Reading material is getting skinny here in the hills of Nimes, so I found myself laying on the couch this afternoon perusing a history of French cuisine. As happens from time to time in France, I found a link to cycling!
You might know Paris-Brest, the oldest long-distance cycling event in the world. Or you might not because it hasn’t been run as a ‘race’ since the 1950s. It is still there, though, every four years (next one in 2023), so if you’d like to ride 1200 km in one shot (Paris-Brest-Paris), you’ve got a year to train.
The original race was created in 1891 by, of course, a newspaper: Le Petit Journal. Back in the days when newspapers actually existed there were eras when competition was ferocious. The late 19th century was one of these times and newspaper owners were always looking for the upper hand. The immensely popular cycling race was a good way to do so. The Tour de France was actually born from P-B because Henri Desgrange (father of the TDF) saw how well Le Petit Journal sold around the time of the race and decided to run his own and try his luck.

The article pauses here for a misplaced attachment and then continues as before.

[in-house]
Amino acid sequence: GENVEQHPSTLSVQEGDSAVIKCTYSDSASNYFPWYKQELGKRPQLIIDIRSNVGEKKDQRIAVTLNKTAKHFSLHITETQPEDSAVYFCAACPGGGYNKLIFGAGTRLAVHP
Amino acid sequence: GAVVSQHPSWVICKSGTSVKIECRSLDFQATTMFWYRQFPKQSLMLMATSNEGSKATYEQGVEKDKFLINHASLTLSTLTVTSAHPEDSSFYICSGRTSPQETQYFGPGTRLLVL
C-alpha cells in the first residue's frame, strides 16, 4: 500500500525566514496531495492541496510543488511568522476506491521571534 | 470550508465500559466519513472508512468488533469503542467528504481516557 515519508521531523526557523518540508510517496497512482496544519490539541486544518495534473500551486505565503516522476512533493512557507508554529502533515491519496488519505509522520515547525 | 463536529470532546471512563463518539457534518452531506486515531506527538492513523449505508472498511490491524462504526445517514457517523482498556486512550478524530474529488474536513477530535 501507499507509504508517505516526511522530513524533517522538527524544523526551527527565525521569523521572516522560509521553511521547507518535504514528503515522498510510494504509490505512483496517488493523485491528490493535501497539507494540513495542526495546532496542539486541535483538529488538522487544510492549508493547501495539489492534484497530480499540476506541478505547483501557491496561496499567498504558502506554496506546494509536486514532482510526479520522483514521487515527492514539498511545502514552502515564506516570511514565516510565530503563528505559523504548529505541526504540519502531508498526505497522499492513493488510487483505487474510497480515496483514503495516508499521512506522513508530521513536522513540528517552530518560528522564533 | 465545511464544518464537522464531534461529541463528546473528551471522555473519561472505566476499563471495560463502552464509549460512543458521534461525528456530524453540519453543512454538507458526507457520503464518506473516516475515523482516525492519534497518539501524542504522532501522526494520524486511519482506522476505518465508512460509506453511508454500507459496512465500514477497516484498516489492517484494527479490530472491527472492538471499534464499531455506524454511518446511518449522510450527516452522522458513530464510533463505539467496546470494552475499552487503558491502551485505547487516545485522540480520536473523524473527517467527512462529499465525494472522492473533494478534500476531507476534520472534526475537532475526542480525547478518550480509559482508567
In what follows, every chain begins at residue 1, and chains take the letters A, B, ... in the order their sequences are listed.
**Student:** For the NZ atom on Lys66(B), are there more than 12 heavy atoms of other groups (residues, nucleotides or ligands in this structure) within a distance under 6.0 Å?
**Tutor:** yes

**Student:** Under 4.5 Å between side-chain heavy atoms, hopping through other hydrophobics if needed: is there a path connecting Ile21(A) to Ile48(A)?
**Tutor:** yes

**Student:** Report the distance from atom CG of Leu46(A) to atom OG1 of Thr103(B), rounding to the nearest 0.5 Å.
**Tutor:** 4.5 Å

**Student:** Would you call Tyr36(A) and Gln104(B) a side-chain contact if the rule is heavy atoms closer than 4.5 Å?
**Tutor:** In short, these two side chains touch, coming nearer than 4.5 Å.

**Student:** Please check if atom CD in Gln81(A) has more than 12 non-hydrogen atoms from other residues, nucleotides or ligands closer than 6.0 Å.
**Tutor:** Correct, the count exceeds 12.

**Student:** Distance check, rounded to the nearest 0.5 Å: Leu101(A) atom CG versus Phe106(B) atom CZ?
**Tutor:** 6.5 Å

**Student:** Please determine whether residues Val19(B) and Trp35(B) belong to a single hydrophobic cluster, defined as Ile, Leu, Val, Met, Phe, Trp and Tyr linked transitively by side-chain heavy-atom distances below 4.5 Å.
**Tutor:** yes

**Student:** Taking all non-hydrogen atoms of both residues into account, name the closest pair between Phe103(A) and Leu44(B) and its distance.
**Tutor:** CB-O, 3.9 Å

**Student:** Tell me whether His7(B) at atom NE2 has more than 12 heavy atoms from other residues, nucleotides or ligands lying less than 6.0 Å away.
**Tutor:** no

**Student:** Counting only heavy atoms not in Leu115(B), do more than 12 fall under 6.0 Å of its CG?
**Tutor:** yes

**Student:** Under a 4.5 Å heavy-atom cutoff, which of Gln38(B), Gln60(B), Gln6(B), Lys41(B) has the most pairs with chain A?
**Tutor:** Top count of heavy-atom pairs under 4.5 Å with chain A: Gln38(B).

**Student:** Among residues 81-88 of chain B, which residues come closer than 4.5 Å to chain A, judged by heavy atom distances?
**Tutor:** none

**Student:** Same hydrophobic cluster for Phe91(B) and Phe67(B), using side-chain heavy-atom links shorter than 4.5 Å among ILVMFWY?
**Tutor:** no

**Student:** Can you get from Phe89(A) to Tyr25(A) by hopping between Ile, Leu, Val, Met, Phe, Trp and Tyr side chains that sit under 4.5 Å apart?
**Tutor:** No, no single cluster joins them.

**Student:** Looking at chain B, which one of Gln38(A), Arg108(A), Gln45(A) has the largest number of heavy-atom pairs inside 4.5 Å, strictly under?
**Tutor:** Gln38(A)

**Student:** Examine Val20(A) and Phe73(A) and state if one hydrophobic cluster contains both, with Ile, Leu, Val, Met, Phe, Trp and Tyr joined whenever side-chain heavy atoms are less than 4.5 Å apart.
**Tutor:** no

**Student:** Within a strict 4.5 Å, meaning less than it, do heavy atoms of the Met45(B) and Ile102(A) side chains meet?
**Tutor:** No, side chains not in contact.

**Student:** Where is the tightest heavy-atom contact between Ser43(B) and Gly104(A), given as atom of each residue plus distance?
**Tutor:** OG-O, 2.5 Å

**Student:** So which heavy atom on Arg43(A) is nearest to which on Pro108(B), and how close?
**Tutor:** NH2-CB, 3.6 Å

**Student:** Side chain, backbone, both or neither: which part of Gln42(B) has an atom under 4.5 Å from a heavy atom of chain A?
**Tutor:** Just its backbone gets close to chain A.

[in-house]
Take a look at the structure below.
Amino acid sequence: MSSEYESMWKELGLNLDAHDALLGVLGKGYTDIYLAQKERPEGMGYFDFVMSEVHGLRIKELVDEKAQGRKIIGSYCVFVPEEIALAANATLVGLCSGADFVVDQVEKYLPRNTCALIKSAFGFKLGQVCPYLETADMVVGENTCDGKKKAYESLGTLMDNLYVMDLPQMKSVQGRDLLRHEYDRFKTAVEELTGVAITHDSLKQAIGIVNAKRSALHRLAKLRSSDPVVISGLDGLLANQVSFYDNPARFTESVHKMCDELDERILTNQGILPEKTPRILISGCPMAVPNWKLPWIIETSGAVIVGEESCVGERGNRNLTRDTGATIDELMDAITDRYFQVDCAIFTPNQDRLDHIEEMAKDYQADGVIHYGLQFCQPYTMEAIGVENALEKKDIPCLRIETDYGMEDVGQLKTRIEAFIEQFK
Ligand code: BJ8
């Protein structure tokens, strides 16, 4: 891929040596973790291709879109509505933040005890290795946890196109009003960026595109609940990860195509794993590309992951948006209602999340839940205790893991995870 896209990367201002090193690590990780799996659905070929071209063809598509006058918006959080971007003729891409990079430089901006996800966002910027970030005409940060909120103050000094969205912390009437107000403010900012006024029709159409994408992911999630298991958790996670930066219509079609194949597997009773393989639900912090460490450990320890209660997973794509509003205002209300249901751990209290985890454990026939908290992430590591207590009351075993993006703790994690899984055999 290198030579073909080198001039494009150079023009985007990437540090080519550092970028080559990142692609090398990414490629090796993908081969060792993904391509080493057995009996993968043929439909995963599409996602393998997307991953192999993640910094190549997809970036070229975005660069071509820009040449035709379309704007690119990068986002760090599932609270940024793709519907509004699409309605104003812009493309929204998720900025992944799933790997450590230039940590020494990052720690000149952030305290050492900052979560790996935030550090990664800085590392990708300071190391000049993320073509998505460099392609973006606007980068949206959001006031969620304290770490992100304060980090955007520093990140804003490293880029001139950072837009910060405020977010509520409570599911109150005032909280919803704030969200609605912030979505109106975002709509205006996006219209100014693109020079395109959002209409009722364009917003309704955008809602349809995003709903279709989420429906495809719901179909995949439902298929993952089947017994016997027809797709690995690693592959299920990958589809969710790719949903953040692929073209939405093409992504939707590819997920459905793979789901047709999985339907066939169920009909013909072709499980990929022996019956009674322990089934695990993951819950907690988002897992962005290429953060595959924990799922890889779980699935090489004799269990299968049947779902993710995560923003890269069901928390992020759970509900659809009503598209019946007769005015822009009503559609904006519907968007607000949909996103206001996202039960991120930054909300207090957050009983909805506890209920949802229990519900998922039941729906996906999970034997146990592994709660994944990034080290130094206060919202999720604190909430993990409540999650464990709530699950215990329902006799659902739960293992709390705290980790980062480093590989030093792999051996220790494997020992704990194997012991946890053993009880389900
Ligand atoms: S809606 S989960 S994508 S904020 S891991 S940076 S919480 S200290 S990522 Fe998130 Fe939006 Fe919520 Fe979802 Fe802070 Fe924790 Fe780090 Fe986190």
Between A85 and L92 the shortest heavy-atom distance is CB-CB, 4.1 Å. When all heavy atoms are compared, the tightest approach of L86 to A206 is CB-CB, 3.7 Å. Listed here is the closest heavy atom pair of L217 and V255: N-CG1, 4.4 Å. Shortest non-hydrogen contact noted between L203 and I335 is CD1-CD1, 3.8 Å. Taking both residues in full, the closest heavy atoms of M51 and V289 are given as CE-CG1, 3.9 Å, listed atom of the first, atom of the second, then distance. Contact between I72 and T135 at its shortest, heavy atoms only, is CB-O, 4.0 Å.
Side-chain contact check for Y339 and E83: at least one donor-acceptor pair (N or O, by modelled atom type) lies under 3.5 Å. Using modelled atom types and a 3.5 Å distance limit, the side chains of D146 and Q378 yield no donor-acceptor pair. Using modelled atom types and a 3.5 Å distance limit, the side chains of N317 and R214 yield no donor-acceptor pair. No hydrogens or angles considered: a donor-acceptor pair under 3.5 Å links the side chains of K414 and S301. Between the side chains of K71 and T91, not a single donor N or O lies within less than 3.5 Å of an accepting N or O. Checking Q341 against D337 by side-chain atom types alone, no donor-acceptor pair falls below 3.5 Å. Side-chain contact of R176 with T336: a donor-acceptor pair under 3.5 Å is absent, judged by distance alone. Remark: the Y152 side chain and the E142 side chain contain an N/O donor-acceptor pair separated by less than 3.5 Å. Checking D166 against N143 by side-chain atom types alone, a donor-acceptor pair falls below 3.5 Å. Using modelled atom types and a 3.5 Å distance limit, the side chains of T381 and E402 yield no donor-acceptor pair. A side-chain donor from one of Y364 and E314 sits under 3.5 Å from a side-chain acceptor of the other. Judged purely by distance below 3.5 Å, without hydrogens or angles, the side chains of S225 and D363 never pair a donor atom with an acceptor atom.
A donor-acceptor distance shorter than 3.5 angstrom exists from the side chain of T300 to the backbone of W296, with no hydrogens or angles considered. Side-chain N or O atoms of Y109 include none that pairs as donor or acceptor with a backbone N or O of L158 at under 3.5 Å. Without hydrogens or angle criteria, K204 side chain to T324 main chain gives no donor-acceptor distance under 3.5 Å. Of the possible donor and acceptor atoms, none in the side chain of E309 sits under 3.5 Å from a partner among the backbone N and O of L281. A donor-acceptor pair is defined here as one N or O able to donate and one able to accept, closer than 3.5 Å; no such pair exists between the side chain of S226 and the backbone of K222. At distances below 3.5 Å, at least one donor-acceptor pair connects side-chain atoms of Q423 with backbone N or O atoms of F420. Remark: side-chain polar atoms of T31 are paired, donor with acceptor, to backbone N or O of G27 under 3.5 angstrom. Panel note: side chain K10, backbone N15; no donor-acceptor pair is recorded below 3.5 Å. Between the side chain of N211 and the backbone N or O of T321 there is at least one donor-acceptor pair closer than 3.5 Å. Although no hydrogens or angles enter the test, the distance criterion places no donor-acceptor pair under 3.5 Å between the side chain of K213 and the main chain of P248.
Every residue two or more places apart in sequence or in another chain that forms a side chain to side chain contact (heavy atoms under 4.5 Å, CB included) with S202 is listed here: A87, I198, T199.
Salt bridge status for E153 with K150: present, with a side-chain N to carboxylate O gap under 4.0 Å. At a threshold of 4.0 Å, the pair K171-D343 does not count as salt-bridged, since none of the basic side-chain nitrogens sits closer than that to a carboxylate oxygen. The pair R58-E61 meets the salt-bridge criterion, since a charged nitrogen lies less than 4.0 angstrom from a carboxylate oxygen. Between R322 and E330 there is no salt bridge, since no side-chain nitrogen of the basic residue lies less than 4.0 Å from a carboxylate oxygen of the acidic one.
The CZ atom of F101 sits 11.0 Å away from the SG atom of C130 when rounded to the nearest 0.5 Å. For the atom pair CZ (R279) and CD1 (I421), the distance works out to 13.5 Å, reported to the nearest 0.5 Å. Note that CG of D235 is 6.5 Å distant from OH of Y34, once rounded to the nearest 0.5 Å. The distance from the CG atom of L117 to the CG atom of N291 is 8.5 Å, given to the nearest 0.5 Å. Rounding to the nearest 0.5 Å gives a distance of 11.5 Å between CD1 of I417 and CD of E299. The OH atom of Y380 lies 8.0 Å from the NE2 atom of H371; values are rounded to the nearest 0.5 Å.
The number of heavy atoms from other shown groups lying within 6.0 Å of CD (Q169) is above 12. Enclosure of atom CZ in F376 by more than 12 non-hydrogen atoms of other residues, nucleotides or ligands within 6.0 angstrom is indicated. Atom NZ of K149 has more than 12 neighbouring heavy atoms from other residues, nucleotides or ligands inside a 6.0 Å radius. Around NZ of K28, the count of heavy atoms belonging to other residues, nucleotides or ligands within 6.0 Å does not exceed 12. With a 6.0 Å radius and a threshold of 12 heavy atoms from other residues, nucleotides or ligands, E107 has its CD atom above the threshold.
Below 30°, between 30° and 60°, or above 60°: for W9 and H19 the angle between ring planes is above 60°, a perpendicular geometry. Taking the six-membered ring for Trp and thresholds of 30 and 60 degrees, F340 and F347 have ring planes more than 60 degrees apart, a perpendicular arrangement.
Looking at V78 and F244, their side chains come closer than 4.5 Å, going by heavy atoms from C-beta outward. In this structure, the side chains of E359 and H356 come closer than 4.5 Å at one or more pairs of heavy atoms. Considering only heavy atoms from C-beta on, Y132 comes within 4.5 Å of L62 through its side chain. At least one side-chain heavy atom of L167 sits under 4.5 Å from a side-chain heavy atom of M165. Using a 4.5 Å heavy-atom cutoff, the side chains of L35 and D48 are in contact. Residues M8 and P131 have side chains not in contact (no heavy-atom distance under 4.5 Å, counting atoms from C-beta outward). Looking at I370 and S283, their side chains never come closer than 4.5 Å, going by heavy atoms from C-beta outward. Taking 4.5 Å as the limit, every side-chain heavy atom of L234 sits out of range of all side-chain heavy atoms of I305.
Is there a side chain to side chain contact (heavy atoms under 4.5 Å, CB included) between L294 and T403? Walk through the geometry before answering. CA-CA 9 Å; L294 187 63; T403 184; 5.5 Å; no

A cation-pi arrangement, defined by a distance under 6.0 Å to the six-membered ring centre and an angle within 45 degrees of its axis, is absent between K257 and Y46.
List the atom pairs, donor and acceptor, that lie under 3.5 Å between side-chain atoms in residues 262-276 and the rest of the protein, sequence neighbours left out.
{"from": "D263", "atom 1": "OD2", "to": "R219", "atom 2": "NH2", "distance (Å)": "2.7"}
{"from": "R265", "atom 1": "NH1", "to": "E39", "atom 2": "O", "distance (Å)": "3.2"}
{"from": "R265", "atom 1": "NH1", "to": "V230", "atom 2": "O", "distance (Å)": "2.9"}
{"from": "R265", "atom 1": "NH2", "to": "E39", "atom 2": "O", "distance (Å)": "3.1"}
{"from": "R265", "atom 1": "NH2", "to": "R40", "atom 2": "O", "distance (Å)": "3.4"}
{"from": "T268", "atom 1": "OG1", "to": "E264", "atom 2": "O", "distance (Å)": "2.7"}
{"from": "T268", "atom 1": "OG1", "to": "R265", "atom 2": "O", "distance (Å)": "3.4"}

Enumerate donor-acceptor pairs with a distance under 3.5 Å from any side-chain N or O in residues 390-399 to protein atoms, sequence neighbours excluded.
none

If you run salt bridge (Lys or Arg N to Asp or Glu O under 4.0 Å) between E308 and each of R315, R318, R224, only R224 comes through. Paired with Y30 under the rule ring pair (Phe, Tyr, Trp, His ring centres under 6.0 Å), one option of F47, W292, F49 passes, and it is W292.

And then there’s this:
Legend has it that Pierre Giffard (editor of Le Petit Journal) asked a patissier friend of his to create a special dessert for the race. Thus was born the Paris-Brest, available at any self-respecting patisserie in France. I hesitate to say the obvious, but you can see it’s shaped like a wheel. Otherwise, this pastry flecked with almond slices and filled with praline cream is pretty yummy. You might need to ride from Paris to Brest to burn off the calories, but isn’t that half of the reason we ride anyway?